Elections are Still Rigged

By Donald Sensing

In 1980 a Marxist writer explained how elections work – and are supposed to work – in a bourgeoisie country (and the USA is definitely that). After delineating the tedium and manufactured excitement of the primaries and delegate counting and national political conventions and all the rest of American politics, writer Paul Saba explained how the elections were “Reaffirming the Marxist Theory of the State“:

What is the purpose of this elaborate extravaganza? Marxists have long noted that insofar as its stated purpose is concerned–determining the question of political power in modern society–it is no more than a charade, a political sleight of hand in which the more things seem to change, the more do they remain the same. But Marxists do not deserve any special credit for making such an observation. One hardly has to be a Marxist to grasp the fact that bourgeois elections do not, in any way, impinge upon or alter questions of power. The general cynicism among the masses toward politics and politicians–a cynicism which runs far deeper than can be measured solely by noting the large numbers of people who do not bother to vote in elections–is itself proof that the futility and corruption of bourgeois politics has become a part of U.S. folklore.

In Marxist theory the whole point of elections is to give the proles the illusion that they have a say in the outcome and how the country is run. But they don’t and they shouldn’t. At least, not by the bourgeois world view.

What Marxists should do about this was debated quite a bit before the Russian Revolution. On the one hand, a faction believed that once the workers had cast off their chains and appropriated the means of production (the industrial plant), then the proletariat would be able to vote truly and well because the capitalist bourgeoisie would not be allowed or able to blinker them and the natural purity of their proletariat hearts. Hence, right away elections could continue to be held and this time, dadgummit, they actually would mean something.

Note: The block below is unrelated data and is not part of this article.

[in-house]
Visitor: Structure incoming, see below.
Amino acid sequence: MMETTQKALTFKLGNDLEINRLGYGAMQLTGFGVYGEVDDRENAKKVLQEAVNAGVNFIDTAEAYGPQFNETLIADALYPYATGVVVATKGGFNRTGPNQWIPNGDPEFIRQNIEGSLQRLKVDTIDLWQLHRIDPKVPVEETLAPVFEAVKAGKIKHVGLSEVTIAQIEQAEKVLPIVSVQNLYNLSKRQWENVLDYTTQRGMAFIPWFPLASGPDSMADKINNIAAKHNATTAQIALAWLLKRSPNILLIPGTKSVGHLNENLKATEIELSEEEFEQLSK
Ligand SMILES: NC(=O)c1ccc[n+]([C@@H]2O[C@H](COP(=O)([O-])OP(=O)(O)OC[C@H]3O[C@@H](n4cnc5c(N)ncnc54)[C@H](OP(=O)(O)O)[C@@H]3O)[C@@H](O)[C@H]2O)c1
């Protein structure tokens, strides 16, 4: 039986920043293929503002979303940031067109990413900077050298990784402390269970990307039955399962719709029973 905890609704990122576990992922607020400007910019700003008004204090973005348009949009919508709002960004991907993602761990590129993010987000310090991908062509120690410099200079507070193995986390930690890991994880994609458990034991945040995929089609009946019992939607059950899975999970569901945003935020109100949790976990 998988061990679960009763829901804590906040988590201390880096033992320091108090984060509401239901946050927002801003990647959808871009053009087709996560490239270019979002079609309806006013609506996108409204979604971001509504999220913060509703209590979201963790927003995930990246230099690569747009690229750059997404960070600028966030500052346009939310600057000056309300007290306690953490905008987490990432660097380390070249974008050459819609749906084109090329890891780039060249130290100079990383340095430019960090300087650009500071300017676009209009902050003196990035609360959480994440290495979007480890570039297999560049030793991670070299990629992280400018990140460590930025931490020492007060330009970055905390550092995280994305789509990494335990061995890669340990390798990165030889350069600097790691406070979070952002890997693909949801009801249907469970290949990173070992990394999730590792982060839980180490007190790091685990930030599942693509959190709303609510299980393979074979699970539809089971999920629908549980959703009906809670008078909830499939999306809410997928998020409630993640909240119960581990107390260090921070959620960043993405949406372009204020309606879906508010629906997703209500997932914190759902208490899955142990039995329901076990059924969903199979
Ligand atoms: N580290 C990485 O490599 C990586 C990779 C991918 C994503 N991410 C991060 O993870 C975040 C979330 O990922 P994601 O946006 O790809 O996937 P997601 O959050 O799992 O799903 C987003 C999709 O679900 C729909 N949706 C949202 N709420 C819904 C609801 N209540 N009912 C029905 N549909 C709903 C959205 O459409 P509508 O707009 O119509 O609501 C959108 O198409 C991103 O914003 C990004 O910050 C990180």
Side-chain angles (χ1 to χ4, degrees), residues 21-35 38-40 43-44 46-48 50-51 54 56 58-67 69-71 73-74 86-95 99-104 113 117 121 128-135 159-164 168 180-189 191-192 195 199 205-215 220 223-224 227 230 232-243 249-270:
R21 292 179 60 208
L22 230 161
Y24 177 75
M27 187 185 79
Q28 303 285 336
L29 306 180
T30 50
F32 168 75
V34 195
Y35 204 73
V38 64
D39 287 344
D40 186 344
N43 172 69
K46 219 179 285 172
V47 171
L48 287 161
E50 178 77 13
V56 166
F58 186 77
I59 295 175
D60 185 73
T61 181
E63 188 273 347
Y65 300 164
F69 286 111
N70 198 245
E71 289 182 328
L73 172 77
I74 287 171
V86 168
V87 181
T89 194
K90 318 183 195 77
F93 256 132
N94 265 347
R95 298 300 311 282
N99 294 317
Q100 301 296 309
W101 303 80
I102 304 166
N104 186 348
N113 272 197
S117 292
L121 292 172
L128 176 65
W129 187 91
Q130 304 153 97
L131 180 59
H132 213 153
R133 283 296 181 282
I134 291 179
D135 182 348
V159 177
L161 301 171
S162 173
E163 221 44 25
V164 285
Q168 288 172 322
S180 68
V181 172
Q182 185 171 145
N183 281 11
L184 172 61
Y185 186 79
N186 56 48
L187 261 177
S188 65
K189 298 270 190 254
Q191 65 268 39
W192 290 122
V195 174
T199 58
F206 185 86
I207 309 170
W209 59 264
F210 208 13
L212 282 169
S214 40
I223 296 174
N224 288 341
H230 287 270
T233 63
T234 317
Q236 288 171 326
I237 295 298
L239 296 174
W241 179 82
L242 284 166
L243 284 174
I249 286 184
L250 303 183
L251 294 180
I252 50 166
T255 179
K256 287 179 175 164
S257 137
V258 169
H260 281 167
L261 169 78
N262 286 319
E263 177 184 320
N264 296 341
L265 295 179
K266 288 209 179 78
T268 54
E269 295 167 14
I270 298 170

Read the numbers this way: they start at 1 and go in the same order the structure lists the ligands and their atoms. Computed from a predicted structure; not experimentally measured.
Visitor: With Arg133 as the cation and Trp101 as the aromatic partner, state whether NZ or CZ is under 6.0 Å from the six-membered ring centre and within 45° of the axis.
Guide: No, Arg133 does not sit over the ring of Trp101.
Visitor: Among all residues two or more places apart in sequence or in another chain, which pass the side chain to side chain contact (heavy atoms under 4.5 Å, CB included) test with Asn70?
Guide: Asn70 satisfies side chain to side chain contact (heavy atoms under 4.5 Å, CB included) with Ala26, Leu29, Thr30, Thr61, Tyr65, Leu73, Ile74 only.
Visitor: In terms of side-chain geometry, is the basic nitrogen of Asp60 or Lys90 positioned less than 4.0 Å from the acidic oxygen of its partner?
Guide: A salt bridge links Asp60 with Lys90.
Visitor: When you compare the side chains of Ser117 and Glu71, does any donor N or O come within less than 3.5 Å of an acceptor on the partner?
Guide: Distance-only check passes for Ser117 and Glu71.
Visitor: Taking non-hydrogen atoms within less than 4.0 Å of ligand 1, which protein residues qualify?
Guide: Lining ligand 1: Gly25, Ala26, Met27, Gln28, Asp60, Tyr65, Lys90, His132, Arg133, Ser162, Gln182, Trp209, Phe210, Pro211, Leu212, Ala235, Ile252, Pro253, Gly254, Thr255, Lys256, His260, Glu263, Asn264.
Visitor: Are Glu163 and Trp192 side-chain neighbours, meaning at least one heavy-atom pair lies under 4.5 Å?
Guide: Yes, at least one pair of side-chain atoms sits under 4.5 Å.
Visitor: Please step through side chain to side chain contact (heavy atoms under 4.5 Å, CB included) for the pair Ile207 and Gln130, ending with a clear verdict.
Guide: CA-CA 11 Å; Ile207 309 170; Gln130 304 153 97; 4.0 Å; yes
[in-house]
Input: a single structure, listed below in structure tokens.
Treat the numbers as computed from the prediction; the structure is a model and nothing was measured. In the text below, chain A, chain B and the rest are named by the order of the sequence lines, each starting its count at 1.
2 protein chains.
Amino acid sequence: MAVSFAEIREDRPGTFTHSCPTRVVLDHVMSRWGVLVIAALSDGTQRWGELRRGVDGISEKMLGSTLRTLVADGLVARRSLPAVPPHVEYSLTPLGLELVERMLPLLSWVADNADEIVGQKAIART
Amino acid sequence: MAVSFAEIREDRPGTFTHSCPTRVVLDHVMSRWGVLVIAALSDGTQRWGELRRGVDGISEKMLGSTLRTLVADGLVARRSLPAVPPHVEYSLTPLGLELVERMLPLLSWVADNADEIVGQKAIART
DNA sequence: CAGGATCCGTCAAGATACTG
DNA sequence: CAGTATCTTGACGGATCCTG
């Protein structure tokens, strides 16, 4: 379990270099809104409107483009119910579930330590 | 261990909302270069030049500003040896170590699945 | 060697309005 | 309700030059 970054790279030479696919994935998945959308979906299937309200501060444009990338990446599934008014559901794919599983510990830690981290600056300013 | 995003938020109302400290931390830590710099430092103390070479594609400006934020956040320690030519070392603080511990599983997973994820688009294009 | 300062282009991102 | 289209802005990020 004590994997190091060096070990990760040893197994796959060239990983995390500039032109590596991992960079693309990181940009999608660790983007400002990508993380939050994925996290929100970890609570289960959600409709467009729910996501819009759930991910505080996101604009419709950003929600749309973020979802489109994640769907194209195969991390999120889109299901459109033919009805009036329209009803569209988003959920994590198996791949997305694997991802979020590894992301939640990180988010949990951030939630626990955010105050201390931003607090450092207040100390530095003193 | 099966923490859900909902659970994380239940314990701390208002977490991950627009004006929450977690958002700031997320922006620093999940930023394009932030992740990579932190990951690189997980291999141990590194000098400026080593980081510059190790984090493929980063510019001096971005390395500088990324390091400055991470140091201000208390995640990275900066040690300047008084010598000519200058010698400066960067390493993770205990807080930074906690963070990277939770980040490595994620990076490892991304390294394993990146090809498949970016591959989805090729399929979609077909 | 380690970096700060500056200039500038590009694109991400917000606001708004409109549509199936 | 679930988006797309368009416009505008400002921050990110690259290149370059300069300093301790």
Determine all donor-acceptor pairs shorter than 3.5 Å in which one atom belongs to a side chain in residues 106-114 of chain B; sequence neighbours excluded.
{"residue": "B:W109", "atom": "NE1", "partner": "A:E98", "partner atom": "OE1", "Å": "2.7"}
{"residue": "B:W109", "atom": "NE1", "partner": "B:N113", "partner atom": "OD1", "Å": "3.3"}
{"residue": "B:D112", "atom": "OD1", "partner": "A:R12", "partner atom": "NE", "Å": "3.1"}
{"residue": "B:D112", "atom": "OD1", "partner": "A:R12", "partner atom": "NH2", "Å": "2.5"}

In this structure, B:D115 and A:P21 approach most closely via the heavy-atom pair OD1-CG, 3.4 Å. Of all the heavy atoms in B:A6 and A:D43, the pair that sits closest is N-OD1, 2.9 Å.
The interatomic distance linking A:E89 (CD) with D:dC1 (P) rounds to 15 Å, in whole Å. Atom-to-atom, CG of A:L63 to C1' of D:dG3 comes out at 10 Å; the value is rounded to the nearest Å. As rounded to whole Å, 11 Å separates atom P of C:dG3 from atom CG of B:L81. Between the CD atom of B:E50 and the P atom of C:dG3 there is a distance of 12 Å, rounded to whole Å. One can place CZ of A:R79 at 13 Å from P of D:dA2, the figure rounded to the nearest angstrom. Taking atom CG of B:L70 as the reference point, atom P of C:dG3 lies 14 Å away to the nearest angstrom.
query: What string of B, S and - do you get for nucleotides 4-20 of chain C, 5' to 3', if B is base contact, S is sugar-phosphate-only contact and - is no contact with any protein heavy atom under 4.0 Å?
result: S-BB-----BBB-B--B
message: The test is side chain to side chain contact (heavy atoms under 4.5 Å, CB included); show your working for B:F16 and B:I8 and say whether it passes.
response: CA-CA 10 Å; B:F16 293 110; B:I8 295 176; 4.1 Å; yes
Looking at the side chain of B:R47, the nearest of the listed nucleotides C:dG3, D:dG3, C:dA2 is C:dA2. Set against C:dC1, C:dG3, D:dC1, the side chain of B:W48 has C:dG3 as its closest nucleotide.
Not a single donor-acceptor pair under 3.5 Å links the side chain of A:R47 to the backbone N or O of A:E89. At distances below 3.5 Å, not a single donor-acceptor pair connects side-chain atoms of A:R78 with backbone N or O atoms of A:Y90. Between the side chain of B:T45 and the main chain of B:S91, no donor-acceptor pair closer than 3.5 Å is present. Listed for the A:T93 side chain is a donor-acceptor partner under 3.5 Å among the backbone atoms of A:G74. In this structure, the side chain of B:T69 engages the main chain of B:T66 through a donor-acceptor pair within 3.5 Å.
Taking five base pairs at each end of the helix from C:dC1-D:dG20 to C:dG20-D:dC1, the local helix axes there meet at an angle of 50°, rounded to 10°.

But in American Democrat party theory, that day is still a long time off.

Levi Tillemann, an author, inventor, and former official with the Obama administration’s Energy Department, moved back home [to Colorado] to make a run against Coffman. He focused his campaign on clean elections, combatting climate change, “Medicare for All,” free community college, and confronting economic inequality and monopoly power. Another candidate for the nomination, Jason Crow, a corporate lawyer at the powerhouse Colorado firm Holland & Hart and an Army veteran, meanwhile, appeared to have the backing of the Democratic establishment, though it wasn’t explicit.

But that was about to change. Steny Hoyer, the No. 2 Democrat in the House of Representatives, went to Denver and met with Tilleman.

Tillemann met the minority whip at the Hilton Denver Downtown to make the case that the party should stay neutral in the primary and that he had a more plausible path to victory than the same centrism that Coffman had already beaten repeatedly. Hoyer, however, had his own message he wanted to convey: Tillemann should drop out. In a frank and wide-ranging conversation, Hoyer laid down the law for Tillemann. The decision, Tillemann was told, had been made long ago. It wasn’t personal, Hoyer insisted, and there was nothing uniquely unfair being done to Tillemann, he explained: This is how the party does it everywhere.

Tilleman recorded the conversation, though, and you can hear it at the link.

The establishment Democrat party has become the Revolutionary Vanguard of Marxism-Leninism. The Russian Bolsheviks, seeing themselves as the Vanguard, took to heart Marx’s instruction that a temporary dictatorship of the proletariat – meaning by Lenin and his gang, not the general proletariat – was the key to bringing forth True Communism.

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